About America's first known serial killer without any gore. The two parallel stories it tells are both great.
For readers who love to learn fascinating information about unfamiliar events in our history, this is for you. The writing is detailed and the wording precise. This book offers a great look at what life was like in Chicago the 1890s. For many, the 90s were not so gay, apparently. I loved the narrative. For readers who prefer continuous action, page turners, this might not be the ideal book for you.
The reader was competent, but he missed opportunities to add punch to the writing. It seemed he was giving too much deference to the historical purity of this excellent book.
I cannot recommend this book highly enough. I put off listening to the last hour because I just didn't want it to end! The parallel stories of the architect and the killer are equally captivating, and so rich in detail that I felt as though I could visualize everything exactly as it was. This was the first book I've heard read by Scott Brick and I can see (well, *hear*) why he is so popular. He did a wonderful job bringing this emotional true story to life. I wish I could give it more than five stars!
Are you intested in solving problems? Can you handle a little gore? Do you want to know how great minds (sane and otherwise) solved problems. This is a great listen but be sure that you are OK with lots of detail about building challenges and detailed solutions. I enjoyed this thoroughly as an eye opener to another age that led to so many of the things that we are familiar with today. However those of you not keen on building detail might find it dry.
Semi-retired ENT doctor who listens to books while making a 55 minute commute to work two days a week.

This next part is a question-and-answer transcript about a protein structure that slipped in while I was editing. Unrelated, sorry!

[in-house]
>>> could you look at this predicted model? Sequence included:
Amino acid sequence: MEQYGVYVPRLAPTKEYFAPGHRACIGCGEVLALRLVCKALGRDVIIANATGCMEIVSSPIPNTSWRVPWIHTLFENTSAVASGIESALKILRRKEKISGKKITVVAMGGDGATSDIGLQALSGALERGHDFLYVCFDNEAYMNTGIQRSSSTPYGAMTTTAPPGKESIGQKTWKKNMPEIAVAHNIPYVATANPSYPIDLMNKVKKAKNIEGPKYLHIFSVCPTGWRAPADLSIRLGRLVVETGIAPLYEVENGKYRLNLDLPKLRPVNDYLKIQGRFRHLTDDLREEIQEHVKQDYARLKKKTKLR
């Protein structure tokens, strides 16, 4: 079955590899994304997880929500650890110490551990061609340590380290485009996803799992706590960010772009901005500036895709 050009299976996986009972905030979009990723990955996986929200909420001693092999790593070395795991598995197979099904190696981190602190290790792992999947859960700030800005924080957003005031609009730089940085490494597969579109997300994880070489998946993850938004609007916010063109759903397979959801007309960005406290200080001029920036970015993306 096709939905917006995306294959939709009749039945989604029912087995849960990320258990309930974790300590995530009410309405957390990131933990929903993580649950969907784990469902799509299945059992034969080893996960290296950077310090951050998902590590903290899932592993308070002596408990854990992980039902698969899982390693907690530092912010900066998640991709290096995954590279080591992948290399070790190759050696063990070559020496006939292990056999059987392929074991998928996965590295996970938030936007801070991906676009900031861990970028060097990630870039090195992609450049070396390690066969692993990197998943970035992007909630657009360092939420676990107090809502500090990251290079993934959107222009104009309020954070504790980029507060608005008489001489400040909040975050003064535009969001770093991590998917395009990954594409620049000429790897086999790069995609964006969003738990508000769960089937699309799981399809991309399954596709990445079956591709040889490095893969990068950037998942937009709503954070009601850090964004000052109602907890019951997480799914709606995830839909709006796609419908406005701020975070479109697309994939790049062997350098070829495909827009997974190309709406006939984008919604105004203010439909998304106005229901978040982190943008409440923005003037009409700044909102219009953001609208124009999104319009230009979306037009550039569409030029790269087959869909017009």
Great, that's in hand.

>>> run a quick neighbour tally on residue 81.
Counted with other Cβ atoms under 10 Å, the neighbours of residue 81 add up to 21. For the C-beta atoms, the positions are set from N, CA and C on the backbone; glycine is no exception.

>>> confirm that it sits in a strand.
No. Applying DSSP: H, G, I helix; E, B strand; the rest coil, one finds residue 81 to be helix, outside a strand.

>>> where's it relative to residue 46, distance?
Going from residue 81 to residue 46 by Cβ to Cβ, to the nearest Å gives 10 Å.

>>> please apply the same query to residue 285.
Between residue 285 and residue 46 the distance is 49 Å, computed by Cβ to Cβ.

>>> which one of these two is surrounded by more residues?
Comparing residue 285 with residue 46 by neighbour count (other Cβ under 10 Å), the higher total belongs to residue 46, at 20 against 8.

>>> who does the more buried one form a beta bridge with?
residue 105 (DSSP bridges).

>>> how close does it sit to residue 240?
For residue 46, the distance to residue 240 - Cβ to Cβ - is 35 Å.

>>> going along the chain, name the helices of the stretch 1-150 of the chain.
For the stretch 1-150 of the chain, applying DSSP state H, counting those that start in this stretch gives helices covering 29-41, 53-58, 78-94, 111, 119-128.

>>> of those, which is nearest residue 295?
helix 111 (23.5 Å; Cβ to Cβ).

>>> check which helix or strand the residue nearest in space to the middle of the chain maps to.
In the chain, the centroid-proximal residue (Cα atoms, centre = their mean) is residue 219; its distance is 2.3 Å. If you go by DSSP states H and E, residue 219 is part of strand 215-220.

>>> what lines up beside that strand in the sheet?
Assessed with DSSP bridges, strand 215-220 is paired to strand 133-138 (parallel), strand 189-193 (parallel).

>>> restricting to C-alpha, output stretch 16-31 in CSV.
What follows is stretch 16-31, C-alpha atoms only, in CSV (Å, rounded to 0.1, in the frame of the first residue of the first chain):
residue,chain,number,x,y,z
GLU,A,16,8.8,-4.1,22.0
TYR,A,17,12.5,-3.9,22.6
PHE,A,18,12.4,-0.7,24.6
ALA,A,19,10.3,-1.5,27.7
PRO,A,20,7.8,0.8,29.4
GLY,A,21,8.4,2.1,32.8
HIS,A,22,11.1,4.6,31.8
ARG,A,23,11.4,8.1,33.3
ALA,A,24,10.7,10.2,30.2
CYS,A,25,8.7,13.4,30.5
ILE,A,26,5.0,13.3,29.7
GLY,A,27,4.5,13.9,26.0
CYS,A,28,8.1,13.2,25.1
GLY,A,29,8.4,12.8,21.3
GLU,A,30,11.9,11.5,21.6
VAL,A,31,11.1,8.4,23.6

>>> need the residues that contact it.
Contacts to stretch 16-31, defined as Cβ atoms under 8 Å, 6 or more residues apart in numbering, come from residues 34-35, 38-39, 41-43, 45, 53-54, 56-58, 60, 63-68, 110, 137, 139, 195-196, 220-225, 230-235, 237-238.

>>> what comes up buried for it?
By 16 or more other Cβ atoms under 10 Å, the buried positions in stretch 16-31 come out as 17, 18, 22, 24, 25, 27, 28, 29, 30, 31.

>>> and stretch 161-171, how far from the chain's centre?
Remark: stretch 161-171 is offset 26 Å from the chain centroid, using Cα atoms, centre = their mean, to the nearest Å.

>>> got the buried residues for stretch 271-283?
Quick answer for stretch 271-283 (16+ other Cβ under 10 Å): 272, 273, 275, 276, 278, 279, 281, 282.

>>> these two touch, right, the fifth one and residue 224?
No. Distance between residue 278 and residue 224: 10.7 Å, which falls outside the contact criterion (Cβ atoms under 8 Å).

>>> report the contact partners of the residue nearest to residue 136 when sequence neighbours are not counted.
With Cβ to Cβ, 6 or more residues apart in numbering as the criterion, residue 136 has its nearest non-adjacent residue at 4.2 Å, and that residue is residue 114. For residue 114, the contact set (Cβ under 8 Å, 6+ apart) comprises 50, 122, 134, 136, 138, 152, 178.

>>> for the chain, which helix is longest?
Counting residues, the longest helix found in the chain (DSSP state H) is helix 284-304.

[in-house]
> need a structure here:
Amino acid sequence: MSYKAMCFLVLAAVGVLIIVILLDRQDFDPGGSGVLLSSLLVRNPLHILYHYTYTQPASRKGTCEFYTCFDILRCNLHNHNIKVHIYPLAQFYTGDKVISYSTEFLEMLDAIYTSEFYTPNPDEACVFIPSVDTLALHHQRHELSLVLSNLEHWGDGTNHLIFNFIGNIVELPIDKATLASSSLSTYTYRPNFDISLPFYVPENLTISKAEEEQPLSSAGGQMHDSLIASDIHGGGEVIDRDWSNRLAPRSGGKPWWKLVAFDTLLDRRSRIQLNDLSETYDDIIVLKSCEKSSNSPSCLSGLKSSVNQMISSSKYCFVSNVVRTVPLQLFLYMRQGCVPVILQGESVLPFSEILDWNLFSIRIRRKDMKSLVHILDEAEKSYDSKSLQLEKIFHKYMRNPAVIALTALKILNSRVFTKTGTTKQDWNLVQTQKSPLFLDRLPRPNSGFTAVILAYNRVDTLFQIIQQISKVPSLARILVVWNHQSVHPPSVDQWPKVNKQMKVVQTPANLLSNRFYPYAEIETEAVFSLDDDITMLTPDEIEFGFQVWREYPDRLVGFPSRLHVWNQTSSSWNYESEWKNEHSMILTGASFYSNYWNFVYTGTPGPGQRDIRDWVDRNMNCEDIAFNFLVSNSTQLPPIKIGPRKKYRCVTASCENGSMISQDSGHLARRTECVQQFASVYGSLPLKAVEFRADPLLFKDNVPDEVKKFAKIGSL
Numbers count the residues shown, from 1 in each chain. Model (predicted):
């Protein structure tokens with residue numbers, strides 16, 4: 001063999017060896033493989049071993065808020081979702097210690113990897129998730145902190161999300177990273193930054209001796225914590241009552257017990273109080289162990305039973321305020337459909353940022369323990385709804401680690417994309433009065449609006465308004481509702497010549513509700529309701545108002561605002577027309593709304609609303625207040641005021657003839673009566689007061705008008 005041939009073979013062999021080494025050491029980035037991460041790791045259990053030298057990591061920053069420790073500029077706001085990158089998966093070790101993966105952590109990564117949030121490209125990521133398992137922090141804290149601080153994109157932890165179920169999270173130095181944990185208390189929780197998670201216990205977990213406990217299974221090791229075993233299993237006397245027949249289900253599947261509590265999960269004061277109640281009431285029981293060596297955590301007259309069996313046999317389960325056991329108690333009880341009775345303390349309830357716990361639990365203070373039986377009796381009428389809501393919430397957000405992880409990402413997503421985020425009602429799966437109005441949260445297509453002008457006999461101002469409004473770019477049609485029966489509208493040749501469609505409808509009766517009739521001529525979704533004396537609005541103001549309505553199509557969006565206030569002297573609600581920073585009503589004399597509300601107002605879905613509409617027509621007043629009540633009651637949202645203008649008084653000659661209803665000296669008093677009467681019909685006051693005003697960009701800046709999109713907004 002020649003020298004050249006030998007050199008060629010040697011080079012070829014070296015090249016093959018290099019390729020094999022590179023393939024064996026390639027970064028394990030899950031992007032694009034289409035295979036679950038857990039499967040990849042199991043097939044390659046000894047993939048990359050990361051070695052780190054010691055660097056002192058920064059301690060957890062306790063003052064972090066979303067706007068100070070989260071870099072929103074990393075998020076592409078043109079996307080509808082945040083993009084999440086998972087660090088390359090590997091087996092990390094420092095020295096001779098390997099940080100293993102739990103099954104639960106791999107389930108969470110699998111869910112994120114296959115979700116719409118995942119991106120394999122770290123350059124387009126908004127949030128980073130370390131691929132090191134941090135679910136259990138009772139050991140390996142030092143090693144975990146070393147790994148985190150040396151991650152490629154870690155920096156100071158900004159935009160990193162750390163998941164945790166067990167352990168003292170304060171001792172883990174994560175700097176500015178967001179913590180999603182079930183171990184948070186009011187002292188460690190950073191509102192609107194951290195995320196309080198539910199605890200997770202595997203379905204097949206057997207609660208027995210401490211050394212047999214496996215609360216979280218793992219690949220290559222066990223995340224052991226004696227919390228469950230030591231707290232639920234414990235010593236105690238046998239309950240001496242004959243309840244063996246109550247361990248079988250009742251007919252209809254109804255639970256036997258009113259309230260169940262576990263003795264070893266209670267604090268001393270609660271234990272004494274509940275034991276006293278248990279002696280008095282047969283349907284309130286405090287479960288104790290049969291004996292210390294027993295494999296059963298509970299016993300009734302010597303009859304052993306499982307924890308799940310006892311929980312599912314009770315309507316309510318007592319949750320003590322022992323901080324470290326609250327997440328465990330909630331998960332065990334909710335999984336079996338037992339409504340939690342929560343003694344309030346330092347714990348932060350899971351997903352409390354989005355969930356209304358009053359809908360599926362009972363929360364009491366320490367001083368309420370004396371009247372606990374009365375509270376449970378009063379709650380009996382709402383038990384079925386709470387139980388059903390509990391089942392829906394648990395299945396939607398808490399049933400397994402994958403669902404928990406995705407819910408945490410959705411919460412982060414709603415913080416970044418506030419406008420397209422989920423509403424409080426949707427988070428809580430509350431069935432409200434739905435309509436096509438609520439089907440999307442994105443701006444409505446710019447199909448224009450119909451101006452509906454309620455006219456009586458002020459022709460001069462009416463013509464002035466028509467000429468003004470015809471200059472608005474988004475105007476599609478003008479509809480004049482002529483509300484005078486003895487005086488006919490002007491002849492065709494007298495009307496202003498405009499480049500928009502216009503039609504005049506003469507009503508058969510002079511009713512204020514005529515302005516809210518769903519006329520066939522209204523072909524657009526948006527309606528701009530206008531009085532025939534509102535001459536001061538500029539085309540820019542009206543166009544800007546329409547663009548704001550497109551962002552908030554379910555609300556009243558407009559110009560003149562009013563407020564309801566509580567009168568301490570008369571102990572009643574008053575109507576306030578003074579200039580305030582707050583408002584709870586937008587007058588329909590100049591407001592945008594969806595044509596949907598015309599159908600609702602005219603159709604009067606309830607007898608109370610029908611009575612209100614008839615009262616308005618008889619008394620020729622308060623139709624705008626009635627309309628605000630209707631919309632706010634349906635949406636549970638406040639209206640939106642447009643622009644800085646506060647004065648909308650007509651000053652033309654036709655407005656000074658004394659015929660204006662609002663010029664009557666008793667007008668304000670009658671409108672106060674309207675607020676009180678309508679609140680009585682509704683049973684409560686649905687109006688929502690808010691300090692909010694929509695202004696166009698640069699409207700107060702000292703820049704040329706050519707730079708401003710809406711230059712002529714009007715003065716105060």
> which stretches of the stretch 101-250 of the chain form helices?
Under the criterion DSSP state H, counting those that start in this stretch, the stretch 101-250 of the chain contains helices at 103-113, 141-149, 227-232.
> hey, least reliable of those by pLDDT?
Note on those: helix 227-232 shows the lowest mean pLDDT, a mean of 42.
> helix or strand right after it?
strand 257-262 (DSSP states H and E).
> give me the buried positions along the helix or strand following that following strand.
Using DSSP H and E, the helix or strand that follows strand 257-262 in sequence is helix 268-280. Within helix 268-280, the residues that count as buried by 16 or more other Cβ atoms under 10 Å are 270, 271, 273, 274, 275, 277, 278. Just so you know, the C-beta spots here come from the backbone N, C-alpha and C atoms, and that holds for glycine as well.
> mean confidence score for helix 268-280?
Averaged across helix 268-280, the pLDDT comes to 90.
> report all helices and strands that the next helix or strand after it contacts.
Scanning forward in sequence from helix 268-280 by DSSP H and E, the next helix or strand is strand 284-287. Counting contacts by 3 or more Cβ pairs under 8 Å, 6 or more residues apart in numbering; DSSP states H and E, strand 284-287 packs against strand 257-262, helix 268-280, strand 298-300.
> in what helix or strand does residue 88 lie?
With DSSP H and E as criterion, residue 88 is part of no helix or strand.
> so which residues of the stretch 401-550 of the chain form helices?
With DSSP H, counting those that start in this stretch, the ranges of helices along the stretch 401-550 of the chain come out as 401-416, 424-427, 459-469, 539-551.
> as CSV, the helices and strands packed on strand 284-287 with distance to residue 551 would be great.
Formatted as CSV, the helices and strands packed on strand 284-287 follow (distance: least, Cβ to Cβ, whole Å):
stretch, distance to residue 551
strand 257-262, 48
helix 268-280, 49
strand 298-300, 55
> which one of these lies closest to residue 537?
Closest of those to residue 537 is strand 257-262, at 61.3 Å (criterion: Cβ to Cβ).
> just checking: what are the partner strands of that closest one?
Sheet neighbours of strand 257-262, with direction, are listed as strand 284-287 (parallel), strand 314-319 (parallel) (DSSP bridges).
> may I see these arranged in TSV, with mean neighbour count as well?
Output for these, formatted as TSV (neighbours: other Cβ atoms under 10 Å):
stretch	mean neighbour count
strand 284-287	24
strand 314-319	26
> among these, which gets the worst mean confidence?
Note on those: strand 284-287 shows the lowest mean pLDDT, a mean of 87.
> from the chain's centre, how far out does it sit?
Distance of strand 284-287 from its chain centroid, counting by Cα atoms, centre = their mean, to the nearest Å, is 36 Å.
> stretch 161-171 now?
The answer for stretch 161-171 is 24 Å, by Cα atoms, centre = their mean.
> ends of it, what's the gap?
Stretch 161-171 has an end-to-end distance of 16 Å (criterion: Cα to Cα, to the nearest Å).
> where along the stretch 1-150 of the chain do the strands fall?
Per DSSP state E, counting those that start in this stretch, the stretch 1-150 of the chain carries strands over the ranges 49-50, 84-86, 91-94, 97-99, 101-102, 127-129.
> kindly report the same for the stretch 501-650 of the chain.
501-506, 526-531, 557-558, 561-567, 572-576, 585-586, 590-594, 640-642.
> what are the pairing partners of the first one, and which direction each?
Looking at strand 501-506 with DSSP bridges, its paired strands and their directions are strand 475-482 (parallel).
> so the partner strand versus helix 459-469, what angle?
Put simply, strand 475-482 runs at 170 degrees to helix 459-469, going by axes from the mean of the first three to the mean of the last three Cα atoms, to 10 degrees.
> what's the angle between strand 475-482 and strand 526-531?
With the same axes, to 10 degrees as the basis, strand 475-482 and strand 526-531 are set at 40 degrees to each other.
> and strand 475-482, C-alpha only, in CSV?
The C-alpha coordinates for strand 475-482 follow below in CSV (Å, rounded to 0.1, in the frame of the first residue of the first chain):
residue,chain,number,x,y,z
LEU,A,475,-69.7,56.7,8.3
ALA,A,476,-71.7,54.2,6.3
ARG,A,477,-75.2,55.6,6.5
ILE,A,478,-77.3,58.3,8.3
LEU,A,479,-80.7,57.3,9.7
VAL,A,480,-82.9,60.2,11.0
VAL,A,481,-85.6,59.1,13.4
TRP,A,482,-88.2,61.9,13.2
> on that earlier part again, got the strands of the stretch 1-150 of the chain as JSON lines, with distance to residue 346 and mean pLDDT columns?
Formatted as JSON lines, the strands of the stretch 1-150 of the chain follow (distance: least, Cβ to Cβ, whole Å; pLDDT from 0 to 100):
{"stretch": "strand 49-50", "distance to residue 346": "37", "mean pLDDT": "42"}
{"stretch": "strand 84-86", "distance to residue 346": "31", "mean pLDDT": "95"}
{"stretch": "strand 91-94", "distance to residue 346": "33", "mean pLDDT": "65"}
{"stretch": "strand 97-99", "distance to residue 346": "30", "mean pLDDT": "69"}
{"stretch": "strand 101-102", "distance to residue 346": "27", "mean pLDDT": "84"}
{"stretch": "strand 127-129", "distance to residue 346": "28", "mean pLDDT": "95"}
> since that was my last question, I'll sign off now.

An interesting story of the world's fair held in Chicago in 1893. The companion story of a serial killer fits only by chance. The author states he spent considerable time and effort to make this book factual.
I tried this story because it sounded like it would be a good tale, and I love Scott Brick. At first I was disappointed, though, by the non-fiction style - "Not MORE about the struggles of the architects!" What is funny is that I told somebody not to bother with this one, then spent the next ten minutes talking about all of the things that struck me during the telling. It's amazing how many wonders came from the fair, and the impact it had on our culture. The contrast between the miracles of the "white city" and the horrors that occurred in the "black city" made this a very worthwhile read.
I found the book very interesting. Unfortunately the reader sounds like Al Franken doing an imitation of a rediculous pontificator. Maybe it's because I recently listened to Lies and the Lying Liars (which was an AMAZING book).
An interesting book, but sometimes a little hard to keep wholy engaged in. Lots of facts recited from old newspapers and other 3rd party writings - strung together in such a way to make a whole story. Reminded me almost exactly in both style and substance of the hundreds of similar stories cranked out by the History Channel on cable TV. Of course without the visuals.
I downloaded this book because I am a great fan of Scott Brick and because of the great initial reviews. However, I find myself "zoning out" due to long winded repetitve descriptions of everything. How many hours does it take to establish that the Chicago project is going to be difficult if not impossible? First book I couldn't finish and first negative review.
I didnt think it was possible to listen to a book that was more boring than Isaac's Storm. It is. This is a disjointed rambling of unconnected, often times pointless facts that just happen to somewhat parallel the story and life of one of the dullest serial killers ever. Dont waste your time and money.